Sue Robb of 4Children talks to Julie Laughton and Alison Britton from the Department for Education about the role of childminders in delivering the 30 hours free entitlement.
The Scottish government has made plans to ban the manufacture and sale of plastic-stemmed cotton buds in a move that will cut the country’s marine plastic pollution by half, campaigners say.
The move, which will make Scotland the first in the UK to impose an outright ban on the product, comes after rising concerns about the number of buds being washed up on beaches after being flushed down toilets.
Although most big retailers have switched to biodegradable paper-stemmed buds, smaller outlets continue to sell plastic-stemmed buds.
The environmental charity Fidra, which runs the Cotton Bud Project in East Lothian, found hundreds of buds on a large stretch of shore on the Gullan beach in a recent clean-up operation.
Roseanne Cunningham, Scotland’s environment secretary, said: “Banning plastic cotton buds would be a clear sign of our ambition to address marine plastics and demonstrate further leadership on this issue.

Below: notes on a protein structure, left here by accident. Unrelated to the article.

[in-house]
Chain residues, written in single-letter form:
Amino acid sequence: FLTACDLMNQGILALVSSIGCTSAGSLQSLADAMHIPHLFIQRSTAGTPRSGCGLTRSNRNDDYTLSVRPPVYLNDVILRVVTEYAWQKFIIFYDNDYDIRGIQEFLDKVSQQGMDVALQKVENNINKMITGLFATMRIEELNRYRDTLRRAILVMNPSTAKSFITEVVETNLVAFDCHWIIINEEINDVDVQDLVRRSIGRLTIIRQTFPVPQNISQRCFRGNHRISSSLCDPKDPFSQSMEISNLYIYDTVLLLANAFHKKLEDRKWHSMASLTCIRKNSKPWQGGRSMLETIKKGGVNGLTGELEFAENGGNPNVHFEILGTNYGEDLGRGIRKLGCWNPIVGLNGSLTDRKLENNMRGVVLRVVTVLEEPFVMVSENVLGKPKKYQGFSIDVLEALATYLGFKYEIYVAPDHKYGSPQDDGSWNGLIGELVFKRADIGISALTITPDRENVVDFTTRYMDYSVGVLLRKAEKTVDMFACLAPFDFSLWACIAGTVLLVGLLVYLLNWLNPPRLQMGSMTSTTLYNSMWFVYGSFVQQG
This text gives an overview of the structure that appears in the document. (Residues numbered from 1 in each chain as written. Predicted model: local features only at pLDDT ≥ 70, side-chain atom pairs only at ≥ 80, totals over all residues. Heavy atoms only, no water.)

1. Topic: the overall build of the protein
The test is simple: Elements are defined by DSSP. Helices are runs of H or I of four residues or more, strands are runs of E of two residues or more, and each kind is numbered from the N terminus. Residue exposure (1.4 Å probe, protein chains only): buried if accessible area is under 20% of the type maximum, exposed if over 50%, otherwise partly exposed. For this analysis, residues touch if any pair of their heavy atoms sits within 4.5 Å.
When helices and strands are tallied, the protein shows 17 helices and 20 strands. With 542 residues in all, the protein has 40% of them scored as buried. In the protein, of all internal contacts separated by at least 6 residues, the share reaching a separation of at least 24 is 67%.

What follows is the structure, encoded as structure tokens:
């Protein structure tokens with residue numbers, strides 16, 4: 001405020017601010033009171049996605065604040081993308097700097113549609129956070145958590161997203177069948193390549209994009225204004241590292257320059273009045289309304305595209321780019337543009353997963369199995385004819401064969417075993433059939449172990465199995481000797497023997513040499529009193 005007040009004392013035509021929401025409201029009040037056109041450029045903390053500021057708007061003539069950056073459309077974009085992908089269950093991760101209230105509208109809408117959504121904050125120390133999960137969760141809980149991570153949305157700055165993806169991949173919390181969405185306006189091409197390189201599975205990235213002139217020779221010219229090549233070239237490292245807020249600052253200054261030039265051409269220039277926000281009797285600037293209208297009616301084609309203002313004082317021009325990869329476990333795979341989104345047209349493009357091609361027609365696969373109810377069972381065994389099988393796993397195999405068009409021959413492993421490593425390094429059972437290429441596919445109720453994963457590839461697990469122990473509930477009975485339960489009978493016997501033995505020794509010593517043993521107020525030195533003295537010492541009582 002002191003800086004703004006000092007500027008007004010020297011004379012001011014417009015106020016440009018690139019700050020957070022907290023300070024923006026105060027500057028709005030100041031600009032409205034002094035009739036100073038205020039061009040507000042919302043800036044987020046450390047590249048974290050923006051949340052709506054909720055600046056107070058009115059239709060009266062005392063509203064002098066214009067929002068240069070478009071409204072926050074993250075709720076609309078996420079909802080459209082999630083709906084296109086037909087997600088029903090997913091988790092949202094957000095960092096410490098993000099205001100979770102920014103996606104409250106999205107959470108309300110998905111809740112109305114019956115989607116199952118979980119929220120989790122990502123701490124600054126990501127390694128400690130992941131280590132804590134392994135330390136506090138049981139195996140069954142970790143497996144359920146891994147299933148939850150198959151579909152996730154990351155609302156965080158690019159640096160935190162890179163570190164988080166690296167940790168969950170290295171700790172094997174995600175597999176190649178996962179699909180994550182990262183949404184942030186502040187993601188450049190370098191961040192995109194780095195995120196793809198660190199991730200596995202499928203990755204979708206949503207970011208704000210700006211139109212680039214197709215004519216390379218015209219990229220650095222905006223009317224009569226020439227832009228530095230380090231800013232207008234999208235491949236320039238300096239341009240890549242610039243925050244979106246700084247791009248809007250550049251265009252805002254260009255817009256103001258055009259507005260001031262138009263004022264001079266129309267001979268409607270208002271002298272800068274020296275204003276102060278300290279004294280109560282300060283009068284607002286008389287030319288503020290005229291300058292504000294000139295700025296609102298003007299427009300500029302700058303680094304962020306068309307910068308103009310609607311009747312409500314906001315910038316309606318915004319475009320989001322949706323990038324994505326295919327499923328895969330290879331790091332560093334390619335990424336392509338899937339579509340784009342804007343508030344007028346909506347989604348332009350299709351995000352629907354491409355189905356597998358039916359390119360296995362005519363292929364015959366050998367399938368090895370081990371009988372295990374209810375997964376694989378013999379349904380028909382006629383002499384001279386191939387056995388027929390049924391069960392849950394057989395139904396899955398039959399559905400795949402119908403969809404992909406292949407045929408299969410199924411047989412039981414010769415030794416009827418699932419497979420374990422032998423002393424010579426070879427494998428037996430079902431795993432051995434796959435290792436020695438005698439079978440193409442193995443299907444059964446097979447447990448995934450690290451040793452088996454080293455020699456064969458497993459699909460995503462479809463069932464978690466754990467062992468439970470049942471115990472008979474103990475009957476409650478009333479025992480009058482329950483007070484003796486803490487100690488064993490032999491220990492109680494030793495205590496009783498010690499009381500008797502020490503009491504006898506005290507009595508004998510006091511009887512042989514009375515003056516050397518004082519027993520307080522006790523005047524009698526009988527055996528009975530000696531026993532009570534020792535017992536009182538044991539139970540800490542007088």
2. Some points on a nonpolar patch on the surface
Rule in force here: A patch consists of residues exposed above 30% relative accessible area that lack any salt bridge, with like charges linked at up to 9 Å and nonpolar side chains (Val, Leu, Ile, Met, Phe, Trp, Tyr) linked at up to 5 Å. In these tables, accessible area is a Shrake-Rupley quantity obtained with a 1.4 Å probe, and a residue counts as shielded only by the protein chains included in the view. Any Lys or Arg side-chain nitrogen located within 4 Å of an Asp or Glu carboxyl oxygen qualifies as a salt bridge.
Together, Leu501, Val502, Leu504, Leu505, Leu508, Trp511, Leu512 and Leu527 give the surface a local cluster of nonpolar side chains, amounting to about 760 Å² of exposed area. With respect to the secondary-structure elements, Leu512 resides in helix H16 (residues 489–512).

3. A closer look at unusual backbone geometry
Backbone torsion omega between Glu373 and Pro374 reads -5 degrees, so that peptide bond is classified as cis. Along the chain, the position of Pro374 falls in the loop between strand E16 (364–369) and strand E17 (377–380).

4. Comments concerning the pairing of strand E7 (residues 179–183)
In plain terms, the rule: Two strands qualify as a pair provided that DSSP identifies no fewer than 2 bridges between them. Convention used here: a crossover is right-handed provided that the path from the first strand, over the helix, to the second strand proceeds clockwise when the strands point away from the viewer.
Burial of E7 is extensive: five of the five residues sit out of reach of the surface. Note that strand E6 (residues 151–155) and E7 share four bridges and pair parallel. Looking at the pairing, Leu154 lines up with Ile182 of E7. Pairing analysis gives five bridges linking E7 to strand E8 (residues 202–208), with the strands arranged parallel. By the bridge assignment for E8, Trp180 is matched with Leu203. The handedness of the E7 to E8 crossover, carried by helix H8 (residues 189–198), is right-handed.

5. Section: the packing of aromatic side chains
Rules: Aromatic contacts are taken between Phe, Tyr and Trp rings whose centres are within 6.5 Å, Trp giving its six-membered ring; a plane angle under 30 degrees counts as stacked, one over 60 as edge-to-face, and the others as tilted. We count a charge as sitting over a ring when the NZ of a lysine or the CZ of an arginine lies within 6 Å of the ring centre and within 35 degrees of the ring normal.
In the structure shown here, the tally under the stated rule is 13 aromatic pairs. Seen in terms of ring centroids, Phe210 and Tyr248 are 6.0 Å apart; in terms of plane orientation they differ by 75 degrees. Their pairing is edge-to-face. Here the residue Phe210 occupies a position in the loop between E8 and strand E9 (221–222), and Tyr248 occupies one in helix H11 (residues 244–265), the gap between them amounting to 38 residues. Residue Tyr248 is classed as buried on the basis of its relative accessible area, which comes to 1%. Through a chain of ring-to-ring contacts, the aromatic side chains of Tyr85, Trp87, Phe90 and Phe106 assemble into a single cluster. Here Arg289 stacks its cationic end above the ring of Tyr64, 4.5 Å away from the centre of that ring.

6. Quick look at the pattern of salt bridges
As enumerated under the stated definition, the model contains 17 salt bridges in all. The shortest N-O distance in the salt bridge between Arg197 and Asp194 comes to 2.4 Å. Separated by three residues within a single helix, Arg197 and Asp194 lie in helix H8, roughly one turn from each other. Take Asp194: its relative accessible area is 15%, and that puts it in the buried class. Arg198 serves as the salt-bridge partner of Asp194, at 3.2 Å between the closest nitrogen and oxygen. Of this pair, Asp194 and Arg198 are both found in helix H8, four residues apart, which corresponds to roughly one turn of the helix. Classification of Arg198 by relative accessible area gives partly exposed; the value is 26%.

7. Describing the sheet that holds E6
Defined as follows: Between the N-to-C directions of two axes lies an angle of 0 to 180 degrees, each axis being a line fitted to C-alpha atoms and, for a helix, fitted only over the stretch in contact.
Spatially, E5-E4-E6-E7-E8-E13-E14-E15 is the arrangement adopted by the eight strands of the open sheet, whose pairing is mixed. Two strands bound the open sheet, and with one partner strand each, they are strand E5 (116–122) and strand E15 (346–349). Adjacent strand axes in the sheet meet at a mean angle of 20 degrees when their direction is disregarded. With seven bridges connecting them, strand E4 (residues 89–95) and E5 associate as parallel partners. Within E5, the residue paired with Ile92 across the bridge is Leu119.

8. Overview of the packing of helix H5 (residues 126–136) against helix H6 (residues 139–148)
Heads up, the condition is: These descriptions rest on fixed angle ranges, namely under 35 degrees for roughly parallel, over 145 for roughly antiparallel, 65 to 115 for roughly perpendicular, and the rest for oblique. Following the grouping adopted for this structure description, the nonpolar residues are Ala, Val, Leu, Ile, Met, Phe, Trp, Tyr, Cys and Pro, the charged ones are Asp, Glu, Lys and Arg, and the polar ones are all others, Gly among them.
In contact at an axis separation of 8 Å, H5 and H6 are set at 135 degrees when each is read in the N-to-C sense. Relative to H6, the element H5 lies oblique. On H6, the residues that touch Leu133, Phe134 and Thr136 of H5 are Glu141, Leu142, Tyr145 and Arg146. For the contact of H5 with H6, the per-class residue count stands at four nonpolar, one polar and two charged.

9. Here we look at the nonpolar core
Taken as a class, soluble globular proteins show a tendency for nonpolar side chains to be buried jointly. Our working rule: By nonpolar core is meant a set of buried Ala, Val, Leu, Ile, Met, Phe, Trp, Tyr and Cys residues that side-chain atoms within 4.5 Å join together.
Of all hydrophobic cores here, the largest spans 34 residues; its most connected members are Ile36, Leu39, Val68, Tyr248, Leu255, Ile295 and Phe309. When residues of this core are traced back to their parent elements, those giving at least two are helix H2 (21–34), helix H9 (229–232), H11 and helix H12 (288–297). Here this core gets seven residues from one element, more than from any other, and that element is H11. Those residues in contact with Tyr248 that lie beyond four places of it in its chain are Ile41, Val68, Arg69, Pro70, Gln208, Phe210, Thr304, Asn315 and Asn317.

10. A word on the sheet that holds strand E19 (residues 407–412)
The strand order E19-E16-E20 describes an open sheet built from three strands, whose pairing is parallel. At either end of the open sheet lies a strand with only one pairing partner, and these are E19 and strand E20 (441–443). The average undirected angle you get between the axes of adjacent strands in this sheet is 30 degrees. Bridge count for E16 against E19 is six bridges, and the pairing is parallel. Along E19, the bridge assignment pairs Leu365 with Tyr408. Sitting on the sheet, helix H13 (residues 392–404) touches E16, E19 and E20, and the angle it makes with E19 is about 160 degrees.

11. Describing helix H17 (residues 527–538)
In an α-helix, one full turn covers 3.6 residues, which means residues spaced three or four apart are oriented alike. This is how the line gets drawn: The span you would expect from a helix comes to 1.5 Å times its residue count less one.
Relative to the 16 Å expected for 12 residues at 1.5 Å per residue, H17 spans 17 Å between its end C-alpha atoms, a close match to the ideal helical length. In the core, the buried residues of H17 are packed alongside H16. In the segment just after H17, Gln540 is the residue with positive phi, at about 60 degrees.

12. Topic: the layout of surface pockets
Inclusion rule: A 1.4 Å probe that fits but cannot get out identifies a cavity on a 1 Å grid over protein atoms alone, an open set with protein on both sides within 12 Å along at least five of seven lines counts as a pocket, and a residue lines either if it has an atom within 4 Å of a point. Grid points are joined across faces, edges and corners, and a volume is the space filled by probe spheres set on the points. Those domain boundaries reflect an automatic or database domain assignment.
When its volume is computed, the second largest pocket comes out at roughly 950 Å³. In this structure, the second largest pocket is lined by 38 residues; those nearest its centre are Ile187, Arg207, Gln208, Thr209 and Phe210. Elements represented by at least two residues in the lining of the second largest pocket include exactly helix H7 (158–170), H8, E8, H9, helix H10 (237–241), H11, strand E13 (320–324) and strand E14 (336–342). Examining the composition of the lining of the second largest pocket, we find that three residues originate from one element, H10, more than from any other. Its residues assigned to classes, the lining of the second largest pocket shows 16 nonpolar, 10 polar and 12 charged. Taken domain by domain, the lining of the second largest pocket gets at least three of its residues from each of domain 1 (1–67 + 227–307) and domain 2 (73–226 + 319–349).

“Despite various campaigns, people are continuing to flush litter down their toilets and this has to stop. Scotland’s sewerage infrastructure collects and treats some 945ml of waste water each day. These systems are not designed to remove small plastic items such as plastic buds, which can kill marine animals and birds that swallow them.”
Richard Dixon, director of Friends of the Earth Scotland, said: “This decisive action is great news for the environment and for wildlife. Cotton buds are a very visible sign of our hugely wasteful habits, turning up on beaches across the globe. Manufacturers and supermarkets are already moving in the right direction, but this single measure will guarantee that Scotland cuts its contribution to marine plastic pollution in half.
“Following the plastic bag charge and the announcement of a deposit and return scheme for drinks’ bottles and cans, this is another good step on the way to a society which uses resources more sensibly. We look forward to further initiatives when the government’s promised new group on single-use plastic containers, such as coffee cups, reports its work.”
Councils wanting to reduce pollution from toxic gases such as nitrogen dioxide from traffic on our roads must also consider how compliance can be cost-effectively achieved for the Clean Air Zones (CAZ) and Low Emission Zones (LEZ) that they are currently planning.
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